The Ceremony of the Keys

“Halt! Who comes there?”

“The keys.”

“Whose keys?”

“Queen Elizabeth’s keys.”

“Pass then, and all is well.”

That is the exchange my dad and I heard last night at the Tower of London, which has been spoken nearly every night there for over 700 years (though obviously the monarch’s name has changed).

Tower of London The tickets to attend the Tower of London’s nightly locking-up ceremony are free, but they are booked up 12 months out, so I have had these tickets for a whole year now.

We waited outside the main entrance to the Tower at 9:30 p.m., and a Yeoman Warder (AKA Beefeater) came and unlocked the gate to let us in. The group was probably about 20 people in total.

Our guide for the evening also happened to be the Ravenmaster, who takes care of the Tower’s famous avian inhabitants. He verbally walked us through what we were about to witness, so we’d understand what was happening.

We were asked to be silent for the duration of the ceremony, and not take any photos. The ceremony itself started at about 5 minutes to 10.

First, several soldiers marched out in front of us. Then the Chief Yeoman Warder came from our left, carrying a lantern and the keys. A sentry appeared from the right and hollered “Halt! Who comes there?” and the above exchange took place.

After he was allowed to pass, the Chief Yeoman Warder then carried on with his duties of locking up the gates for the night, accompanied by his “escort” of soldiers, there to protect him and the keys.

We followed them up a short ways, and came upon another set of soldiers standing at attention. The Tower’s clock chimed at 10 o’clock, and then a voice said, “Tower guard and escort, present your arms.”

The soldiers moved their guns around, and then he said, “God preserve Queen Elizabeth,” at which point everyone responded, “Amen.” (If you didn’t, you’re probably guilty of treason.)

Then a single bugler played his bugle.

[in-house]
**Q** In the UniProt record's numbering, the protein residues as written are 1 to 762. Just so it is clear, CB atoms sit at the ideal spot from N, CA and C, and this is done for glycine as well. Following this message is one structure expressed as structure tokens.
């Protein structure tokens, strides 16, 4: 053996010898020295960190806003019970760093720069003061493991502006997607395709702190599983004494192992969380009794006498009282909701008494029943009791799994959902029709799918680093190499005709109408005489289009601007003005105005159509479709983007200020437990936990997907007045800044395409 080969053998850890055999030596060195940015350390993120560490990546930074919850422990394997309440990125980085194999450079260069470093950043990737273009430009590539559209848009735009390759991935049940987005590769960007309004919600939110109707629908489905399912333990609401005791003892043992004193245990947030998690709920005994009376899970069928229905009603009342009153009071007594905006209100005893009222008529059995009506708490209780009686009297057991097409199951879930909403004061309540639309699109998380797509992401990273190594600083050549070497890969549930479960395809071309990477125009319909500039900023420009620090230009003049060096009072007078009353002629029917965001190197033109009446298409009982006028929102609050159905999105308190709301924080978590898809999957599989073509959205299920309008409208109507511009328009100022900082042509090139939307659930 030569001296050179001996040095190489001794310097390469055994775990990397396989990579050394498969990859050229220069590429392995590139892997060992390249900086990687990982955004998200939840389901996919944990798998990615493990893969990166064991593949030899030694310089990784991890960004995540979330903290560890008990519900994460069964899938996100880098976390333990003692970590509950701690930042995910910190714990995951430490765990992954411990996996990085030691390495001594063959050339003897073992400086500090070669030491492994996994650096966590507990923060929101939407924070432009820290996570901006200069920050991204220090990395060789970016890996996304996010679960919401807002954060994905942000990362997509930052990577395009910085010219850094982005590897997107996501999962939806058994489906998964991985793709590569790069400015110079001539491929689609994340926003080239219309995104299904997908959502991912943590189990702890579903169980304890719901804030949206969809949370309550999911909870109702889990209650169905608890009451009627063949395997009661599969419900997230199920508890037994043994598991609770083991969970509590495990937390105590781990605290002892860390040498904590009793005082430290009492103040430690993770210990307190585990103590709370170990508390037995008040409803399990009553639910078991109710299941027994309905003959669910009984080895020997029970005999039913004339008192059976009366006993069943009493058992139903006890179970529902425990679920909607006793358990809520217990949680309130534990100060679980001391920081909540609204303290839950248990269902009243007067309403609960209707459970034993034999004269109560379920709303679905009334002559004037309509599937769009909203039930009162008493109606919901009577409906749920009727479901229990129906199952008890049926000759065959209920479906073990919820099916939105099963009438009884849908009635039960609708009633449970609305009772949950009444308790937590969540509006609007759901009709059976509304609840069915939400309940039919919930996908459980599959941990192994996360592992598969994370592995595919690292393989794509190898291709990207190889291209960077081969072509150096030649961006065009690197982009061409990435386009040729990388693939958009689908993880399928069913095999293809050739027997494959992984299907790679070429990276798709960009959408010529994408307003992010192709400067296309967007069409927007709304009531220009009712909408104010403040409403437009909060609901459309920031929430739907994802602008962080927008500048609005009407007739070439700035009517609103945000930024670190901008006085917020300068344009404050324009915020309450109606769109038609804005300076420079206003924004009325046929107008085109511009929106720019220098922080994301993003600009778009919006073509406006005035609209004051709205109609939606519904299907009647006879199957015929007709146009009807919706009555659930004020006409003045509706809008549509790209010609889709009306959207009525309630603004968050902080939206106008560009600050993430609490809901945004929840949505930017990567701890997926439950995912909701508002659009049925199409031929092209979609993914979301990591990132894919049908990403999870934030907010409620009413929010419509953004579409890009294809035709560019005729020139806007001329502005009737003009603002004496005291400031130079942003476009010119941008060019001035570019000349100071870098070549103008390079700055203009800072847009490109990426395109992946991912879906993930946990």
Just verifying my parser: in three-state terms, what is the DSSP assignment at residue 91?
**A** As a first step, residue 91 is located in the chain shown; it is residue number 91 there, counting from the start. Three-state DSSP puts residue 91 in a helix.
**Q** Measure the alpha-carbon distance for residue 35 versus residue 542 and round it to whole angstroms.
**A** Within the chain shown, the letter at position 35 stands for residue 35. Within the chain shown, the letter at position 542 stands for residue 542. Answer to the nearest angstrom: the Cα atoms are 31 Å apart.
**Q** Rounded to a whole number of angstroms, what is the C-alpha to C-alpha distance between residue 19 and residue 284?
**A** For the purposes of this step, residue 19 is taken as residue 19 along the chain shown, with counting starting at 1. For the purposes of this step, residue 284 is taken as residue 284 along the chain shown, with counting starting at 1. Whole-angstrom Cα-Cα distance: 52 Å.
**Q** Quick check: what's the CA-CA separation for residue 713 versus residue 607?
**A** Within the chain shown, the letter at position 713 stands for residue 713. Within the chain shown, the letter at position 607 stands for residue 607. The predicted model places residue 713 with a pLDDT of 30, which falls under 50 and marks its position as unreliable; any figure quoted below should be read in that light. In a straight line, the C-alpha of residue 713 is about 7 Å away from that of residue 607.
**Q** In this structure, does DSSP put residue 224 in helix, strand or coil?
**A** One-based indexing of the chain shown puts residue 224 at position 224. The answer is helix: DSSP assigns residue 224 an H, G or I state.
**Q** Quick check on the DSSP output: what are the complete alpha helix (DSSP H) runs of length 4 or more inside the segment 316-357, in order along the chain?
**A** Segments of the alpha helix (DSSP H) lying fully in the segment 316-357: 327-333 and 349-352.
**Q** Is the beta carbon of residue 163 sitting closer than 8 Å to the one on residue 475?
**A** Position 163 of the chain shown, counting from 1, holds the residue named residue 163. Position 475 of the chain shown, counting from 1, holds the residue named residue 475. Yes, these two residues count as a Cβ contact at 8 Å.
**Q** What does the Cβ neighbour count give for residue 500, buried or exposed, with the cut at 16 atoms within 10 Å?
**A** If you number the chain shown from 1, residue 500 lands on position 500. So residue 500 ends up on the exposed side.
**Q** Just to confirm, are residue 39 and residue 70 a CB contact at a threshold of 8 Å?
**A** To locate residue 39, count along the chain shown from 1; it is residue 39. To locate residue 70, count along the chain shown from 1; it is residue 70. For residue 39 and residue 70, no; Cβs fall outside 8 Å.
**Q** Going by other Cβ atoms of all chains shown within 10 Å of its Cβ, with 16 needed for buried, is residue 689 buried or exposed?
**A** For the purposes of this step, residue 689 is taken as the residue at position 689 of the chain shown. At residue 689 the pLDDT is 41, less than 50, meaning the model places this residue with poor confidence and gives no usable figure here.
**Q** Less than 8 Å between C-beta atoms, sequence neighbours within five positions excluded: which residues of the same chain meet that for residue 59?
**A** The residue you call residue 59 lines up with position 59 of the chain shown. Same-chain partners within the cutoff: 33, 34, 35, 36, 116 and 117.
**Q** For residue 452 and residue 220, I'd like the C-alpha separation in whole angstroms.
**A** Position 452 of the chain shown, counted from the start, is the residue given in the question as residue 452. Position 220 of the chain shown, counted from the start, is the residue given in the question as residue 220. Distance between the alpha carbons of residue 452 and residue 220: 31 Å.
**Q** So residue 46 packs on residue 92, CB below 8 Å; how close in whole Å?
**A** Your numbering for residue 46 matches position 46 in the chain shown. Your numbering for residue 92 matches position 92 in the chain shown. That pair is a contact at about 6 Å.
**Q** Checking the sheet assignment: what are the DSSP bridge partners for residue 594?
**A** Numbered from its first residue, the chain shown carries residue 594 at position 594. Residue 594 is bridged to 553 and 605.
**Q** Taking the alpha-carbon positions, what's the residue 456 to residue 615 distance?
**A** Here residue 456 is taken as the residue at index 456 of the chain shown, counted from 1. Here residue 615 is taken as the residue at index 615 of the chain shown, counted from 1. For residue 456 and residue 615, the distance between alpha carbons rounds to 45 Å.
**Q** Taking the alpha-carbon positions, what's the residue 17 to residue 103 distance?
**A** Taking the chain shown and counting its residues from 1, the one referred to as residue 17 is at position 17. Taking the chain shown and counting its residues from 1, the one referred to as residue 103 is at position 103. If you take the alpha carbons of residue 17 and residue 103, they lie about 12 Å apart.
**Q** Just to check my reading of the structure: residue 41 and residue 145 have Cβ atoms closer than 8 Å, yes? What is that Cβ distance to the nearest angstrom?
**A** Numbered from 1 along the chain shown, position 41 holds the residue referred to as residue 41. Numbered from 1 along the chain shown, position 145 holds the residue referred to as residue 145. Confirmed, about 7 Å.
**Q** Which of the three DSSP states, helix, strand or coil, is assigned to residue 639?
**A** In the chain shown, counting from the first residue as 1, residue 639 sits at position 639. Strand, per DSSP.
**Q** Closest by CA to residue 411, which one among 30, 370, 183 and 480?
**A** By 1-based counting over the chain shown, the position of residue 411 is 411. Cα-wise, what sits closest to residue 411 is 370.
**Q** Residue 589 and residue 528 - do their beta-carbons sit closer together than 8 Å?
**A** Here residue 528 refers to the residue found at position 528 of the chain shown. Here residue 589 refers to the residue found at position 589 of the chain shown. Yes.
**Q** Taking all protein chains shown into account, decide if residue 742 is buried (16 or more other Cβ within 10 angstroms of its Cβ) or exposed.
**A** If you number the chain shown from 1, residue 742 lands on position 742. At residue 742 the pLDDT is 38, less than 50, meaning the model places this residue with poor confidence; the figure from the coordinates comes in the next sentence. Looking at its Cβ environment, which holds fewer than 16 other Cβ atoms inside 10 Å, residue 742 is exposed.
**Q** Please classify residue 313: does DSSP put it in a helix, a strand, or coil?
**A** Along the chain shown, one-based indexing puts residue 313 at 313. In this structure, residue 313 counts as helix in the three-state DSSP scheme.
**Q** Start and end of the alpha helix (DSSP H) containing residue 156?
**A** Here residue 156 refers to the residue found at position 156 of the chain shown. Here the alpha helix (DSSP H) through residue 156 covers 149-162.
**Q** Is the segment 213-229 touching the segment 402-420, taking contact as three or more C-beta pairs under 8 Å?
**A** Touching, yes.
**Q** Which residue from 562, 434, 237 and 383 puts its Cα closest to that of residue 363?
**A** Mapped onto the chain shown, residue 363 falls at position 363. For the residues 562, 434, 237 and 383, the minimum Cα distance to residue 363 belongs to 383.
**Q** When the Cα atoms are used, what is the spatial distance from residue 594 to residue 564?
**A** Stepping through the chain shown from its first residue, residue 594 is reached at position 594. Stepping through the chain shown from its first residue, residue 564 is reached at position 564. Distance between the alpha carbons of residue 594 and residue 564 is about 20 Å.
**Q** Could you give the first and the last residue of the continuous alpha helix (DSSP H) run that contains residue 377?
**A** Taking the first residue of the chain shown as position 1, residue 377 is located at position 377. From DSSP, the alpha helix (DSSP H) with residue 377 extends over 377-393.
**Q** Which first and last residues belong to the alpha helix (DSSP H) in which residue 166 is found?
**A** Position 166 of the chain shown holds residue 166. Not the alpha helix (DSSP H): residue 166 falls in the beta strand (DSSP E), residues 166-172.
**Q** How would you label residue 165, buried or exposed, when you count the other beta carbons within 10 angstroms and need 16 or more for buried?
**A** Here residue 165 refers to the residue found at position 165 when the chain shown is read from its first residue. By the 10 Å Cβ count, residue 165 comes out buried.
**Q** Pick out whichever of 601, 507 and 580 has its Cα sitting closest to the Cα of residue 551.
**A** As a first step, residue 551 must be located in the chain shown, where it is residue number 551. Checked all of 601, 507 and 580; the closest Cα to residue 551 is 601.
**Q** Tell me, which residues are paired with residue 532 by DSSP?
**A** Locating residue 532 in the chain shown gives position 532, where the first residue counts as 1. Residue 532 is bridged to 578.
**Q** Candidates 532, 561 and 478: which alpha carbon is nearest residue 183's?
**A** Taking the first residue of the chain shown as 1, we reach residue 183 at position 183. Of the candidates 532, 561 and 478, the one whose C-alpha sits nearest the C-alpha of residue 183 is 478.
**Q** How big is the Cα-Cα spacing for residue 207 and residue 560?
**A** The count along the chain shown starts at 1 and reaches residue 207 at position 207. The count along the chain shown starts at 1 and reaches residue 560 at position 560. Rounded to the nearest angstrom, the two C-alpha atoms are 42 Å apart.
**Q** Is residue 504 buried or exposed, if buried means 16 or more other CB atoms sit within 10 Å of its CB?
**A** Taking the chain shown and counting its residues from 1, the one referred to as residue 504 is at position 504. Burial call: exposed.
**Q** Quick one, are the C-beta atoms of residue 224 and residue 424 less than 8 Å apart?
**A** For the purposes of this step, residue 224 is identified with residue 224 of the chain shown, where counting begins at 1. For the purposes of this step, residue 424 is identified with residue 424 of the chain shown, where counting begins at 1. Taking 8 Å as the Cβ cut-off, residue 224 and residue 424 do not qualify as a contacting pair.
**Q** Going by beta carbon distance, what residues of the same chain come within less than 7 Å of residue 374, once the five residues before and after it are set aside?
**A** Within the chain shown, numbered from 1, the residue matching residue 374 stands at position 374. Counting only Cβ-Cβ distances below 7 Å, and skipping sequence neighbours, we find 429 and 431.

After that, everyone marched off, and the ceremony was over.

Our guide spent some time afterwards taking questions from our group; the first question was, “So, how do we get out now?”

We got some more information on the ceremony, the Yeoman Warders, the ravens, and the Tower’s long, storied history. I’ve taken the tour at the Tower of London a couple times before, which is very interesting, and the Yeoman Warders all seem to have excellent senses of humour; last night was nice because the group was smaller than the typical daytime tour group, and it was quiet without the crowds of tourists around, so it was much easier to hear him.

There are 37 Yeoman Warders living in the Tower of London, and their families, so about 150 people in total live there. He told us they have a doctor living there as well, “and a chapel in case the doctor can’t fix it.” They also have their own pub.

Unfortunately, he didn’t invite us to join him at their exclusive pub within the castle walls, so after we were let out a small side door (since the main gate had obviously just been locked up, ceremoniously), my dad and I went for a pint at the nearby pub: The Hung, Drawn, and Quartered. An apt name for a pub there at the infamous Tower Hill.

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